Many different Indian recipes are made with lentils, pulses or beans.
Lentils, pulses and beans have always been an essential component of Indian cuisine, in the same way as meat and potatoes have been in Western cultures. Indians have been living on a predominantly vegetarian diet for thousands of years, and so the required intake of protein and essential minerals has been filled by these plant-based sources. With high levels of fibre (soluble and insoluble), protein, iron, B-vitamins, folic acid, calcium, and potassium, they are an undeniably excellent substitute!
Just to give an idea of the food value of lentils and pulses, here is an example of the nutritional profile of lentils. Whole red lentils, per 100g dry:
|Amount||% Daily Value|
|Fat 1.0 g||2%|
|Total Fiber 14.2 g
– Insoluble Fiber 12.4 g
– Soluble Fiber 1.81 g
|Protein 28.4 g|
|Calcium 97.3 mg||10%|
|Iron 7.3 mg||41%|
|Potassium 1135 mg||32%|
|Vitamin C 0.73 mg||1%|
|Thiamin 0.34 mg||23%|
|Riboflavin 0.31 mg||18%|
|Niacin 1.73 mg||9%|
|Vitamin B6 0.28 mg||14%|
|Folate 186 mcg||47%|
Dried beans, peas and lentils are all low in fat and good sources of protein, fiber, iron, calcium and essential minerals.
Considered a part of the legume family, and with good reason. Legume refers to the pod or seed of a plant, or any other edible part of a plant. Lentils grow in pods that have one or two small lentil seeds, often round or heart-shaped in nature, and come in a variety of colours.
Lentils contain high levels of fibre. With regular consumption, you will enjoy a number of health benefits including lower cholesterol, stabilized blood sugar, reduced risk of heart disease, improved digestion, and increased energy. They are low in calories (one cup cooked lentils contains only about 230 calories) and contain virtually no fat. In addition, they leave you feeling full and satisfied, which is an added benefit for those trying to lose weight. Examples of some common lentils are urad, a small black bean (beluga) native to India; masar, a familiar lentil that is pink on the inside and is often used in daal; and moong, a green pea-like lentil that is often mashed down and used as paste for a variety of sweet and savoury dishes.
When it comes to Indian cooking, lentils (daal) are a hearty part of most every meal, and are often served as a side dish. Yellow, red, black and green lentils lend their flavour to a variety of dishes and can be paired with naan or over rice for a healthy addition to any meal, or a meal in and of itself.
Pulses & Beans
Also considered a part of the legume family, but are most often known as the “grain legume”. Their crops are grown annually and are identifiable by the pods they grow in, which can contain anywhere from one to twelve seeds on average. Whereas lentil seeds stay about the same in shape – oval, round or heart-shaped – there is no rhyme or reason to pulses and beans. They can come in a variety of shapes and sizes. The word “pulse” refers to crops that are harvested for the dry seeds only and nothing else.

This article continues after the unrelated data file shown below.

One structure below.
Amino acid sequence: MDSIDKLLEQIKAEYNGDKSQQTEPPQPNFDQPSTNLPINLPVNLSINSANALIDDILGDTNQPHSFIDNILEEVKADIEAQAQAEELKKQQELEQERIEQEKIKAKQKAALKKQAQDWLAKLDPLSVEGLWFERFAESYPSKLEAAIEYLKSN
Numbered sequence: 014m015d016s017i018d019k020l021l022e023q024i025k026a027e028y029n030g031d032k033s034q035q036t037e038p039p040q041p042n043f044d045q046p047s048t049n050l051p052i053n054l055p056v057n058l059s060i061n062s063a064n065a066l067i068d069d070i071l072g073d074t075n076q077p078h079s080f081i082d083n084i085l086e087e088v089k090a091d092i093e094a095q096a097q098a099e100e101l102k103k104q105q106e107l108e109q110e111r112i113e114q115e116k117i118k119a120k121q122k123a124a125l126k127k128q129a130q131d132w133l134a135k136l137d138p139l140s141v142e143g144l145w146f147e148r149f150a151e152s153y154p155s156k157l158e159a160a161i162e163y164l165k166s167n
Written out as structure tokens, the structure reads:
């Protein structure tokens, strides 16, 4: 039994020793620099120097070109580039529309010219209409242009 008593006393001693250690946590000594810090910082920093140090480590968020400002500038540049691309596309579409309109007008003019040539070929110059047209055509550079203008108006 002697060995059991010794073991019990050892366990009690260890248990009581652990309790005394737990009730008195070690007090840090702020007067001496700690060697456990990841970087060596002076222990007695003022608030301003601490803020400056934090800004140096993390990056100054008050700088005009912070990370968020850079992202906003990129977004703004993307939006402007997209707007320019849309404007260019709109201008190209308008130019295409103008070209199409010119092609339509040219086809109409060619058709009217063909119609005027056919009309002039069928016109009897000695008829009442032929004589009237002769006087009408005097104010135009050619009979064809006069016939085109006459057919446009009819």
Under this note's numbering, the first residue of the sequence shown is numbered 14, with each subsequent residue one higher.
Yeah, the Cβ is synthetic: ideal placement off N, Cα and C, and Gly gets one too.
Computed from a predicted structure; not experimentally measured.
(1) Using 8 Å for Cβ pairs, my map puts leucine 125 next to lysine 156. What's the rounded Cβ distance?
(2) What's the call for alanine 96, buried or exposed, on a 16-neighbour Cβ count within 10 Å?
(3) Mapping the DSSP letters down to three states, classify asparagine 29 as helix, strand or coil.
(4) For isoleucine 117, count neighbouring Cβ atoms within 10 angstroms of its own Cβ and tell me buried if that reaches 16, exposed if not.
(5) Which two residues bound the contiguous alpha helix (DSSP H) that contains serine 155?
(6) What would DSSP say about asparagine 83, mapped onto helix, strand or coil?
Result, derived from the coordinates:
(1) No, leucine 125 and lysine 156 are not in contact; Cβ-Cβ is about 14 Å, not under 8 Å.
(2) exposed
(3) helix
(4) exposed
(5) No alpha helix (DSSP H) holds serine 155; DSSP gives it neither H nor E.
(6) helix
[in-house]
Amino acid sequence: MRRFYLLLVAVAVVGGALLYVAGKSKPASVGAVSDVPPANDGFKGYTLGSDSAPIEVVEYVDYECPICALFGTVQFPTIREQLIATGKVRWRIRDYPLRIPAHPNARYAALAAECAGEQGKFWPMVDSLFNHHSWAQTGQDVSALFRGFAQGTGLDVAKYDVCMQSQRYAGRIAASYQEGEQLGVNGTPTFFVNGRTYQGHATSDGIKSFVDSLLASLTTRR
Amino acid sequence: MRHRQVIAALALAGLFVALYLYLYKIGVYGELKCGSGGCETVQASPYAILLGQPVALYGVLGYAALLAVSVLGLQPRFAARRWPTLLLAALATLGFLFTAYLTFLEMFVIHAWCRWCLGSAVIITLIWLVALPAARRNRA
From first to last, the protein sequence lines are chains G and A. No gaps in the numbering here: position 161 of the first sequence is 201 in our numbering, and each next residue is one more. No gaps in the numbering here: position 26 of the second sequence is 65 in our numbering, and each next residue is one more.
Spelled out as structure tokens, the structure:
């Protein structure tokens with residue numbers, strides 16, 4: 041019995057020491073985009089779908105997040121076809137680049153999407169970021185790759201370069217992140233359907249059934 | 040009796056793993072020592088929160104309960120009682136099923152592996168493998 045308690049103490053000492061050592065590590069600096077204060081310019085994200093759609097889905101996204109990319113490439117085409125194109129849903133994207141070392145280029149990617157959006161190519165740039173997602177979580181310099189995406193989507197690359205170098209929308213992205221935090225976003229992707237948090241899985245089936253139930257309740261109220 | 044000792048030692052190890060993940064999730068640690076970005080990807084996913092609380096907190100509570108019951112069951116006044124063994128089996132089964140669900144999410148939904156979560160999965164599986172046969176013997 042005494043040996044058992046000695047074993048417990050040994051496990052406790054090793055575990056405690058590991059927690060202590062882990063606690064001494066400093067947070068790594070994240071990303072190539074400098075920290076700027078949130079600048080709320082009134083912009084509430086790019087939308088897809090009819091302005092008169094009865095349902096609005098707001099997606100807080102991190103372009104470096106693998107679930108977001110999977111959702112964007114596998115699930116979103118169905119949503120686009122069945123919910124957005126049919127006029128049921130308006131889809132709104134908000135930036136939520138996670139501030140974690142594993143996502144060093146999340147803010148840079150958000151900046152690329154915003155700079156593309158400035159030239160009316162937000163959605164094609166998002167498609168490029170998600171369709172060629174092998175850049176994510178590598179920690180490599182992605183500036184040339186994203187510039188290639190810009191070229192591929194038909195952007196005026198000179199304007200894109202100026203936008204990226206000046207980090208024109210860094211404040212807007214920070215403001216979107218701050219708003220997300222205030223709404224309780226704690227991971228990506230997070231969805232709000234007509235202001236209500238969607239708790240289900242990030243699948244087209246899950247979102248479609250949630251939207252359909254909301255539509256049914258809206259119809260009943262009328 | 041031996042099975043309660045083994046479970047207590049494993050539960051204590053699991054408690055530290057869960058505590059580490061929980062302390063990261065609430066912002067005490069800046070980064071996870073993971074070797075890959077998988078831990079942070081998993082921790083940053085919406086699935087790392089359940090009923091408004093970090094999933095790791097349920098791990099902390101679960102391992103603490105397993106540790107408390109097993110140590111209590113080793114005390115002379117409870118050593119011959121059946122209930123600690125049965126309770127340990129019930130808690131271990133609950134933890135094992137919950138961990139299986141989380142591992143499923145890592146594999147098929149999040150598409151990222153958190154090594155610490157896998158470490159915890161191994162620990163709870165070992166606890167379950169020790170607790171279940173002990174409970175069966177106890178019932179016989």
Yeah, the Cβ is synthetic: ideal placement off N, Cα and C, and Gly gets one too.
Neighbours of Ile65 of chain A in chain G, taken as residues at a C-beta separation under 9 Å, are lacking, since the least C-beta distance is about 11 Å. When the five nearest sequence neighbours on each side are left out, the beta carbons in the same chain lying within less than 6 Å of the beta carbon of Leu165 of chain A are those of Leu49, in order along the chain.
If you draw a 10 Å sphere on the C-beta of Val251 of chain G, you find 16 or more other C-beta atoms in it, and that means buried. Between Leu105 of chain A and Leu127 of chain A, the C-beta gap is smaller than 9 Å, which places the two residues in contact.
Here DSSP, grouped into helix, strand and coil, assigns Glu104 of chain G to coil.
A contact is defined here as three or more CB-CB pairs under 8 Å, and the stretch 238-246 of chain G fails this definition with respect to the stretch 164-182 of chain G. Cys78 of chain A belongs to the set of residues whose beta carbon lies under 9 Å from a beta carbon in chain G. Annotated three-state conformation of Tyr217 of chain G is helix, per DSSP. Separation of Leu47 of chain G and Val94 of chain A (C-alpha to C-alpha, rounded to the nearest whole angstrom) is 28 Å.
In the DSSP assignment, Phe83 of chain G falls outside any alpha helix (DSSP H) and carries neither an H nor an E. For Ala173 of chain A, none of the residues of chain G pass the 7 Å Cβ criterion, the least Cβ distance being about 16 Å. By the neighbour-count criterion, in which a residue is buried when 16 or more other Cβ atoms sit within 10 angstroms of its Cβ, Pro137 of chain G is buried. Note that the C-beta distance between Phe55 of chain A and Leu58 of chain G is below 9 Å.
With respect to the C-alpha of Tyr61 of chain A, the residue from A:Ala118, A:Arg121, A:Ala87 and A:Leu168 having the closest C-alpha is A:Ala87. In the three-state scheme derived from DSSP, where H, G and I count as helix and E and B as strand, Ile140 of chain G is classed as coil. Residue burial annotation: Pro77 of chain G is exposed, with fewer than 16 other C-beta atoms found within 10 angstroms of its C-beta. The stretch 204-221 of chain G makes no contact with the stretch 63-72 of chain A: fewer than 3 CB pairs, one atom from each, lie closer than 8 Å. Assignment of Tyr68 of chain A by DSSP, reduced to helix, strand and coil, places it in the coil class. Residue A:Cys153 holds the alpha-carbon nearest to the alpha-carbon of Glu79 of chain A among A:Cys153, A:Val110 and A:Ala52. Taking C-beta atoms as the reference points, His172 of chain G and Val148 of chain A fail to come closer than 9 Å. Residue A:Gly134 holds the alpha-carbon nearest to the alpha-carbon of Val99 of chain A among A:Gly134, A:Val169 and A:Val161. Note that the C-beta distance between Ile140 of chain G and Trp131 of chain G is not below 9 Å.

You may be more familiar with pulses/beans than lentils simply because we include more of them in our regular diet. Some commonly used varieties include pinto beans, navy beans, dried peas, kidney beans, chickpeas, black-eyed peas, lima beans, black beans and fava beans, and they all pack a nutritional punch. Even though they are small and unassuming, they can provide sufficient amounts of protein in relation to meat dishes, but with the added benefit of fibre. Pulses and lentils are gluten-free and are a great addition to a vegetarian diet.
It may seem like an unlikely after-meal treat, but pulses/beans and lentils are often ground into flour and used in Indian desserts or to make savoury dishes such as pakoras, which are fried snacks usually made with two or more vegetables. The list seems almost limitless as to what pulses and lentils can be used for. They are great on their own, as part of a soup, or when made into a flour-based product.
Trying It Out For Yourself
Now that you have learned a little bit more about lentils and pulses/beans and their health benefits, there’s no better time to start adding these to your diet. If you would like to incorporate these foods into your cooking, here are a few recipes: Quinoa Lentil Salad, Santa Fe Salad, Brown Wild Rice Lentil Salad.
Indian food is great if you are a vegetarian, as most of it focuses on plant-based ingredients. You can add meat to some dishes if you would prefer a richer version, or incorporate tofu or paneer (unripened cheese) with the vegetables themselves. Cooking with lentils and pulses is a healthy and flavourful way to expand your vegetarian meal choices.
For Indian recipes incorporating lentils and beans get our Free Recipe ebook with an Indian spices guide.